Dietary factors augment the ability of the proto-oncogene PBF to induce goitrogenesis and hyperplasia in vivo
Martin Read1, Vicki Smith1, Greg Lewy1, Gavin Ryan1, Neil Sharma1, Robert Seed1, Jim Fong1, Perkin Kwan1, Adrian Warfield2, Wendy Leadbeater1, John Watkinson2, Jayne Franklyn1, Kristien Boelaert1 & Chris McCabe1
Nodular thyroid disease is common and its pathogenesis remains poorly understood. Previously, we showed that thyroid-targeted overexpression of the proto-oncogene PTTG-Binding Factor (PBF) induced striking thyroid gland enlargement in transgenic mice (PBF-Tg)1. We have now investigated whether dietary factors influence goitrogenesis and the development of hyperplastic lesions in PBF-Tg mice. The mean weight of thyroids (5.8±0.9 mg; n=70) from 7 week old PBF-Tg mice fed on a phytoestrogen-reduced Teklad diet was significantly greater (P<0.0001) than PBF-Tg mice fed their normal RM-3 diet (3.2±0.7 mg; n=98). In contrast, there was no significant difference in the mean thyroid weight of age-matched wild-type mice fed either the Teklad (2.15±0.5 mg; n=60) or RM-3 diet (1.8±0.4 mg; n=68). This increase in thyroid weight was not related to differences in body weight (25.0±1.9g v 24.7±2.4g; P=0.5) or thyroid function, as measured by serum analysis of T3 (172.7±25.9 versus 154.1±46.9 ng/dl, P=0.45), and T4 levels (2.7±0.7 versus 3.2±1.2 μg/dl, P=0.45), between PBF-Tg mice fed either the Teklad or RM-3 diet, respectively. Analysis of mRNAs encoding growth factor receptors known to induce thyroid cell proliferation showed a significant increase in expression of PDGFR (1.6±0.3-fold, P=0.0001), FGFR2 (1.5±0.2-fold, P=0.0001), KDR (1.4±0.2-fold, P=0.003), and ERBB2 (1.4±0.2-fold, P=0.0003) in thyroids from PBF-Tg mice fed the Teklad diet compared to those on the RM-3 diet. Furthermore, focal hyperplastic lesions were detected by histological examination in thyroids from PBF-Tg mice at a younger age when fed the Teklad diet (~8 months) versus the RM-3 diet (≥12 months). Positive immunostaining with antibodies targeted to Rad51, Ung1, Trex1, and Xrcc3 also suggested extensive DNA damage within hyperplastic lesions. These results demonstrate that dietary factors can modulate the induction of goitrogenesis and hyperplasia by PBF in vivo, which has implications for understanding the relative contributions of dietary and genetic factors on the rate of nodular transformation and tumorigenesis. 1Read ML et al. (2011) Cancer Research 71(19): 61536164.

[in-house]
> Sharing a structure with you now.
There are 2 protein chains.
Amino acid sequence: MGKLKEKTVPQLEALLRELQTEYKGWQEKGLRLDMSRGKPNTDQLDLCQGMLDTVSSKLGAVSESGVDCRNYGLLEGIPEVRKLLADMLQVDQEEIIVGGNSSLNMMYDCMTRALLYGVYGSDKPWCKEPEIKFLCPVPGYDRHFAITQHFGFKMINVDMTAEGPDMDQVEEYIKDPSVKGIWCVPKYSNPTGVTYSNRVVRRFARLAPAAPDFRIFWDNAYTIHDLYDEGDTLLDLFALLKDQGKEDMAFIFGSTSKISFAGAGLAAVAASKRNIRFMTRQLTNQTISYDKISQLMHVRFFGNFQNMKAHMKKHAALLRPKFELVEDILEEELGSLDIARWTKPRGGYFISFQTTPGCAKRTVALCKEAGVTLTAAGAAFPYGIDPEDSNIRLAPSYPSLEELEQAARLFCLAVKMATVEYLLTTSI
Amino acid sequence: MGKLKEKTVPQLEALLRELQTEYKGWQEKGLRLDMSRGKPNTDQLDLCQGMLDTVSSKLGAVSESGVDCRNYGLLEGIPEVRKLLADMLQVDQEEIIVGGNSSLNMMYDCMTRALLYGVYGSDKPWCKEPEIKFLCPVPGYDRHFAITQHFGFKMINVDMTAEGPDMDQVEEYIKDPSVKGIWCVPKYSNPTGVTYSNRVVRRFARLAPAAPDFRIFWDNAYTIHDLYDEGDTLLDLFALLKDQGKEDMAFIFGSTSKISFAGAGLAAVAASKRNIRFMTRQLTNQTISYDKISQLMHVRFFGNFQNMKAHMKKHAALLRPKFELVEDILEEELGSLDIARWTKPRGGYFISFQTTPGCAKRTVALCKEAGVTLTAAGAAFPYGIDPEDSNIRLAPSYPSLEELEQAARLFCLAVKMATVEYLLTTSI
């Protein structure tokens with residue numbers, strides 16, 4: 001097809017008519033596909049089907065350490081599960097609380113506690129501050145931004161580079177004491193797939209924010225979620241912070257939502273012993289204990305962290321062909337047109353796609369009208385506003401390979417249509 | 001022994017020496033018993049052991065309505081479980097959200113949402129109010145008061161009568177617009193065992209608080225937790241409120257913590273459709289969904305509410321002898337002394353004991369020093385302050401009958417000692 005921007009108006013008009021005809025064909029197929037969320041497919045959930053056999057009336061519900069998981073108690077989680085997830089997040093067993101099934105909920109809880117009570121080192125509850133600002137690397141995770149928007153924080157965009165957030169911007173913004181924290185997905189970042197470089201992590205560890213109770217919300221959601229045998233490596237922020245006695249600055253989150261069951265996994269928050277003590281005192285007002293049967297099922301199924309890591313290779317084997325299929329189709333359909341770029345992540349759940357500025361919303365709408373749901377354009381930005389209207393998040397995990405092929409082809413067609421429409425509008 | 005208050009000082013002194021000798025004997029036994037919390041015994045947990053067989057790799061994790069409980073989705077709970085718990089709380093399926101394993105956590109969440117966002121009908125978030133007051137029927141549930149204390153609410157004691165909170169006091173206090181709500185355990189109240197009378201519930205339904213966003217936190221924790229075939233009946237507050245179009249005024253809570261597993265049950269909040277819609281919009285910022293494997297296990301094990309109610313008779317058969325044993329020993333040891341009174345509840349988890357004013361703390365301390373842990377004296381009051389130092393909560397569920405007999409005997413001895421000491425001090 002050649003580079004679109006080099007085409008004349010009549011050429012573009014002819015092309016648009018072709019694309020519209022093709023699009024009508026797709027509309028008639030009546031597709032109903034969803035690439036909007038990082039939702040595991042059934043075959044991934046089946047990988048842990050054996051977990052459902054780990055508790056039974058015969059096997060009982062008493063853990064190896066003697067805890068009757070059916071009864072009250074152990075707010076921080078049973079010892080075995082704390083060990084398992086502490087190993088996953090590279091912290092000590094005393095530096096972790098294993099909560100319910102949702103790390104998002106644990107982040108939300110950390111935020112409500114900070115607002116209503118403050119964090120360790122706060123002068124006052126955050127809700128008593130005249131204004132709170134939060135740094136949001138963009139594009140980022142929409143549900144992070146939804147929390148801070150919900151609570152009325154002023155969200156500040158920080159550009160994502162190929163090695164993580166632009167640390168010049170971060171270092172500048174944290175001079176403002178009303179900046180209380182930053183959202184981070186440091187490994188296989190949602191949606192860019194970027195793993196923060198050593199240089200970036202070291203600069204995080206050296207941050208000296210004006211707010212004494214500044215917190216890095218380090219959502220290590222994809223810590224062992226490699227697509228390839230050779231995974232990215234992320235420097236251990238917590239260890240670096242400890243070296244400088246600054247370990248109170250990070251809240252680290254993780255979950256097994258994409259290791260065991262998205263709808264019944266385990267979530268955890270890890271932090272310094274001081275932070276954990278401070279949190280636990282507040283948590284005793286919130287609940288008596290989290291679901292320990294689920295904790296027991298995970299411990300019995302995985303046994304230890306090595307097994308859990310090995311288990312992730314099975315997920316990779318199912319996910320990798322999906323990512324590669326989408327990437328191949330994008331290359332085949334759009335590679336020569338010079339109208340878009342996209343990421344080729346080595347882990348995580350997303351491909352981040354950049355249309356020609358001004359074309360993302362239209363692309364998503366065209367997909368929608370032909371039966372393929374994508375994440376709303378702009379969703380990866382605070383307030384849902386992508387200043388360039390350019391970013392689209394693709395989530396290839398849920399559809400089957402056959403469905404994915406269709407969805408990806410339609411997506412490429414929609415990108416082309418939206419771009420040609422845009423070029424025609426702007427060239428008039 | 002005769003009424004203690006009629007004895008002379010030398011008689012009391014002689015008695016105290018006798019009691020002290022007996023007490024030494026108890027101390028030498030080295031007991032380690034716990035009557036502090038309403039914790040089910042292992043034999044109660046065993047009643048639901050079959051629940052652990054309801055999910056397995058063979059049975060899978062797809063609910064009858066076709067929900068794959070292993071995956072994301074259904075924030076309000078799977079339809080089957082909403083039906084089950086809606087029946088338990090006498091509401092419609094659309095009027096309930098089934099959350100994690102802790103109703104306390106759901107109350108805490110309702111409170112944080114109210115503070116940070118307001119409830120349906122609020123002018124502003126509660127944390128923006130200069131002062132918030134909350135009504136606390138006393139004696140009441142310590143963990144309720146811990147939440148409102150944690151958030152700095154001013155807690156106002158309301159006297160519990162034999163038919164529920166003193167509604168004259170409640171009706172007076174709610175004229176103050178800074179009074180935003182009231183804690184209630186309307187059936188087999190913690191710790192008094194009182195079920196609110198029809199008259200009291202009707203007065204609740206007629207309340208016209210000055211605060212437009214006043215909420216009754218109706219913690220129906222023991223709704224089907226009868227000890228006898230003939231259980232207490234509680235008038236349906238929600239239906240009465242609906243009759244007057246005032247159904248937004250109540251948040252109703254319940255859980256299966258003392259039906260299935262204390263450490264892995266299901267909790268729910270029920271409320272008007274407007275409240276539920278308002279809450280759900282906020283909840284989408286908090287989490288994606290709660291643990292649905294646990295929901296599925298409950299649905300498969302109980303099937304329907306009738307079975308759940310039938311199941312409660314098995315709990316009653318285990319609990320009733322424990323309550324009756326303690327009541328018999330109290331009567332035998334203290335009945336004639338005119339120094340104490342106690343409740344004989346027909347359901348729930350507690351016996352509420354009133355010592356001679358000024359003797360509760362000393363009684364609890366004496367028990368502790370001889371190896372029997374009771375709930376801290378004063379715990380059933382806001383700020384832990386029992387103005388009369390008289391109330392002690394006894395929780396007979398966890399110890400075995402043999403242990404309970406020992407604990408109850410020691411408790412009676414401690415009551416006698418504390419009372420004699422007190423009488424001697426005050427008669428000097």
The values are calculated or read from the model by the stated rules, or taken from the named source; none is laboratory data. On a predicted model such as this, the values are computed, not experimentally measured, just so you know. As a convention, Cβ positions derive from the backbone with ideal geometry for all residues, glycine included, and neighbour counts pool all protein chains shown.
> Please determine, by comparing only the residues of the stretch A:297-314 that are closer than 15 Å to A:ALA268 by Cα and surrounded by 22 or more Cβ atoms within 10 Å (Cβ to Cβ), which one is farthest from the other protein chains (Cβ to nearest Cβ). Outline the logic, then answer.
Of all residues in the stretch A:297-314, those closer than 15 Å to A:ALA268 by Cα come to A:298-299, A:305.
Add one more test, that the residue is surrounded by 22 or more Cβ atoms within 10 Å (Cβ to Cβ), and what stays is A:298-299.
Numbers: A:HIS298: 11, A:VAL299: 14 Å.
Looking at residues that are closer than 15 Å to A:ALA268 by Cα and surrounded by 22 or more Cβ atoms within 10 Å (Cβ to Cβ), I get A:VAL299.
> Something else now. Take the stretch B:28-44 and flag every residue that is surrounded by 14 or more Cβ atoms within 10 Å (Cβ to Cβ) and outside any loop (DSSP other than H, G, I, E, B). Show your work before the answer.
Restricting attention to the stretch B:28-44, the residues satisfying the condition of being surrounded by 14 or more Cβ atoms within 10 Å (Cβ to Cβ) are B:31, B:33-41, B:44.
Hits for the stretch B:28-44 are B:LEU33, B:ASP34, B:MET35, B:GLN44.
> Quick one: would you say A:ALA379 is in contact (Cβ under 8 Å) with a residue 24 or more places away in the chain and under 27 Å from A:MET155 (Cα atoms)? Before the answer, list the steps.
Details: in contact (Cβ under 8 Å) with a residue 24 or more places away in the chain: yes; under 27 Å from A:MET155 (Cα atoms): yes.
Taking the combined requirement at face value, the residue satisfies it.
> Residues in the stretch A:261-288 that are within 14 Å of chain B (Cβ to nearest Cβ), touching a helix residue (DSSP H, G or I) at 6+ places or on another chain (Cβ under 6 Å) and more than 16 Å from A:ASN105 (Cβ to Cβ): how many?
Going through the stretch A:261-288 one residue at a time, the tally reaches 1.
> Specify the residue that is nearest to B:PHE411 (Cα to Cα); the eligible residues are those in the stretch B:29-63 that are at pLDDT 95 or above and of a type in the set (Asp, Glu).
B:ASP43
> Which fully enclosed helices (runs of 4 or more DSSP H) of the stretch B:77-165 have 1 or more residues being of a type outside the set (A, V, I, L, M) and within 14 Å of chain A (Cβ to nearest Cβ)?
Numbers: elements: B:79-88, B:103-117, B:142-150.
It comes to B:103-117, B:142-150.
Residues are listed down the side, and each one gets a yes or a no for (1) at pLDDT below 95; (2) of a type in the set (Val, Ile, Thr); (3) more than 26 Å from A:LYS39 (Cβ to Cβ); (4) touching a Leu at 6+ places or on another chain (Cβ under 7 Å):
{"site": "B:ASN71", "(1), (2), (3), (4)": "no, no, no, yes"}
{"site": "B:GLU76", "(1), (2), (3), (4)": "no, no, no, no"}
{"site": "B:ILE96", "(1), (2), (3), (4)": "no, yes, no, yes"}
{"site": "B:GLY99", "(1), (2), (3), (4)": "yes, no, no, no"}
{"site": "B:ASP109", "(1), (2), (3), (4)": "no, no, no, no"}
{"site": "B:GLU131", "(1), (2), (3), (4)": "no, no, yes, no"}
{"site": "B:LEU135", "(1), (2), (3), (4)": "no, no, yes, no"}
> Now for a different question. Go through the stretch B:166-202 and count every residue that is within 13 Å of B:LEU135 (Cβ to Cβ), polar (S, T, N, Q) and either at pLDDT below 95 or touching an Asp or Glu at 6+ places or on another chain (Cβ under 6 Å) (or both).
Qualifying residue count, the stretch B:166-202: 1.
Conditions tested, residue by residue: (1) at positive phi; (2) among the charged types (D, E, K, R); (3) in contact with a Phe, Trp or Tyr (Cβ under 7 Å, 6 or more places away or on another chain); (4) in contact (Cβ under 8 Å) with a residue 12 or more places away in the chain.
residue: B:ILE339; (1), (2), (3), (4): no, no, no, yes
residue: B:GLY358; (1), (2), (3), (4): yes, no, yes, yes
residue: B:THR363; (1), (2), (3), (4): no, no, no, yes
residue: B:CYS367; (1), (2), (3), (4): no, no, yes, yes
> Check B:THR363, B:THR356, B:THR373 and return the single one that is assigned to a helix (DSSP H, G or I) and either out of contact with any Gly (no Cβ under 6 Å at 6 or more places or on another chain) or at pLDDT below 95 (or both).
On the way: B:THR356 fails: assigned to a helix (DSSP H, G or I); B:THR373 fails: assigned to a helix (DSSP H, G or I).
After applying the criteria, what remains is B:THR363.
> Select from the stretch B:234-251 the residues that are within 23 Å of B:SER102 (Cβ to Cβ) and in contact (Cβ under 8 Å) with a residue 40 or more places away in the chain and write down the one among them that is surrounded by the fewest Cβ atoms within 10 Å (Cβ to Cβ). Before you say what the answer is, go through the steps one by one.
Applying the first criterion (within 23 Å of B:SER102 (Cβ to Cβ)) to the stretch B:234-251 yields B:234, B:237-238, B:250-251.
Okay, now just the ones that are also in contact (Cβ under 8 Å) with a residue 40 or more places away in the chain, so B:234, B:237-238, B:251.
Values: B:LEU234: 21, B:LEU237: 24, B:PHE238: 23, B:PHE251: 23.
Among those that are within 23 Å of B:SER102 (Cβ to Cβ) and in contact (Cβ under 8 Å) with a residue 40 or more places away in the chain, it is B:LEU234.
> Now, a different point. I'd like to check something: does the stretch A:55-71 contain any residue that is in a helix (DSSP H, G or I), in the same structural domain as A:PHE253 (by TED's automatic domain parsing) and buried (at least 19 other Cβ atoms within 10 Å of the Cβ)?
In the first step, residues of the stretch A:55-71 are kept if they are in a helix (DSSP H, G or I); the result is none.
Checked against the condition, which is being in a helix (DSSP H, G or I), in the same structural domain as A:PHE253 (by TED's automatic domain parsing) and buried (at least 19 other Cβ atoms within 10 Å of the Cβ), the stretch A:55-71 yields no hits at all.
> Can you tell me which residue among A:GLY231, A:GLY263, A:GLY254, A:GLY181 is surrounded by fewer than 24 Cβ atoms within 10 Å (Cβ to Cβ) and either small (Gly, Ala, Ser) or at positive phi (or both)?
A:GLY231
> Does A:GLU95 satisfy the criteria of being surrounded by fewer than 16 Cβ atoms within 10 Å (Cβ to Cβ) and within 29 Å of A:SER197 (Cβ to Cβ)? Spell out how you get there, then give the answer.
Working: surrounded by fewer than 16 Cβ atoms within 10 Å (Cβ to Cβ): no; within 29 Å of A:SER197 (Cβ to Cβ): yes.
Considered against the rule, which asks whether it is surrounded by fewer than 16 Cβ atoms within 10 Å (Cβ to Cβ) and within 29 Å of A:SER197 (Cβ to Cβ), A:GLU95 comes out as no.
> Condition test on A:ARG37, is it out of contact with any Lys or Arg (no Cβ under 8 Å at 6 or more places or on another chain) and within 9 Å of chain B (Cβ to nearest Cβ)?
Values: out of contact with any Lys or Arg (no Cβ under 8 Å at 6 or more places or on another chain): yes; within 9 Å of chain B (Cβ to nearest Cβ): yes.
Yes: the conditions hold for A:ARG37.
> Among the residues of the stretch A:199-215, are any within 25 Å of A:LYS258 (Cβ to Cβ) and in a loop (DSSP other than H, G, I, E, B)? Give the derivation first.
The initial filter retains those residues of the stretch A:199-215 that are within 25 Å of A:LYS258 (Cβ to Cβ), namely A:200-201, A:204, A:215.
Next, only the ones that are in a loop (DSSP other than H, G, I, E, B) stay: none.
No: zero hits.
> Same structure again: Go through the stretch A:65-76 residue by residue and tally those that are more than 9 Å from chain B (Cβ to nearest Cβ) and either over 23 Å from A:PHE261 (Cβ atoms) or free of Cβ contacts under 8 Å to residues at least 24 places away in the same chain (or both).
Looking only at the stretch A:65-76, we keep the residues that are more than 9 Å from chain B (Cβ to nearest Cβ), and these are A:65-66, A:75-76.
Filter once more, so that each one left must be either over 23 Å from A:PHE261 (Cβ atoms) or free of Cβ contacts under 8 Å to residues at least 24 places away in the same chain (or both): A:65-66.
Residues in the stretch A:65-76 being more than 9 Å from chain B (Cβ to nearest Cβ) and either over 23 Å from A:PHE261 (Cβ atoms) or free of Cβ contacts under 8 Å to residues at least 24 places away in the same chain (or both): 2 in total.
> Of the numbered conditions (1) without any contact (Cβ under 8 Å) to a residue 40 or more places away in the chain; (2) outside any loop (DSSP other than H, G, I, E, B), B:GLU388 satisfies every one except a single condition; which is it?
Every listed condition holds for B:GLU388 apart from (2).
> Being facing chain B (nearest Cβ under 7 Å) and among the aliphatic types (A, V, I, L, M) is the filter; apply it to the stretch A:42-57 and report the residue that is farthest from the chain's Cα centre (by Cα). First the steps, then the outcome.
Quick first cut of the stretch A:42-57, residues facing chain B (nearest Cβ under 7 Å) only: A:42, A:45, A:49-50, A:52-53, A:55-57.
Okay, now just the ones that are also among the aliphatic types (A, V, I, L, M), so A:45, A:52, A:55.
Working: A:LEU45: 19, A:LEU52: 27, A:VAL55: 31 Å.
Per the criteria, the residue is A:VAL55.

Declaration of interest: There is no conflict of interest that could be perceived as prejudicing the impartiality of the research reported.
Funding: No specific grant from any funding agency in the public, commercial or not-for-profit sector.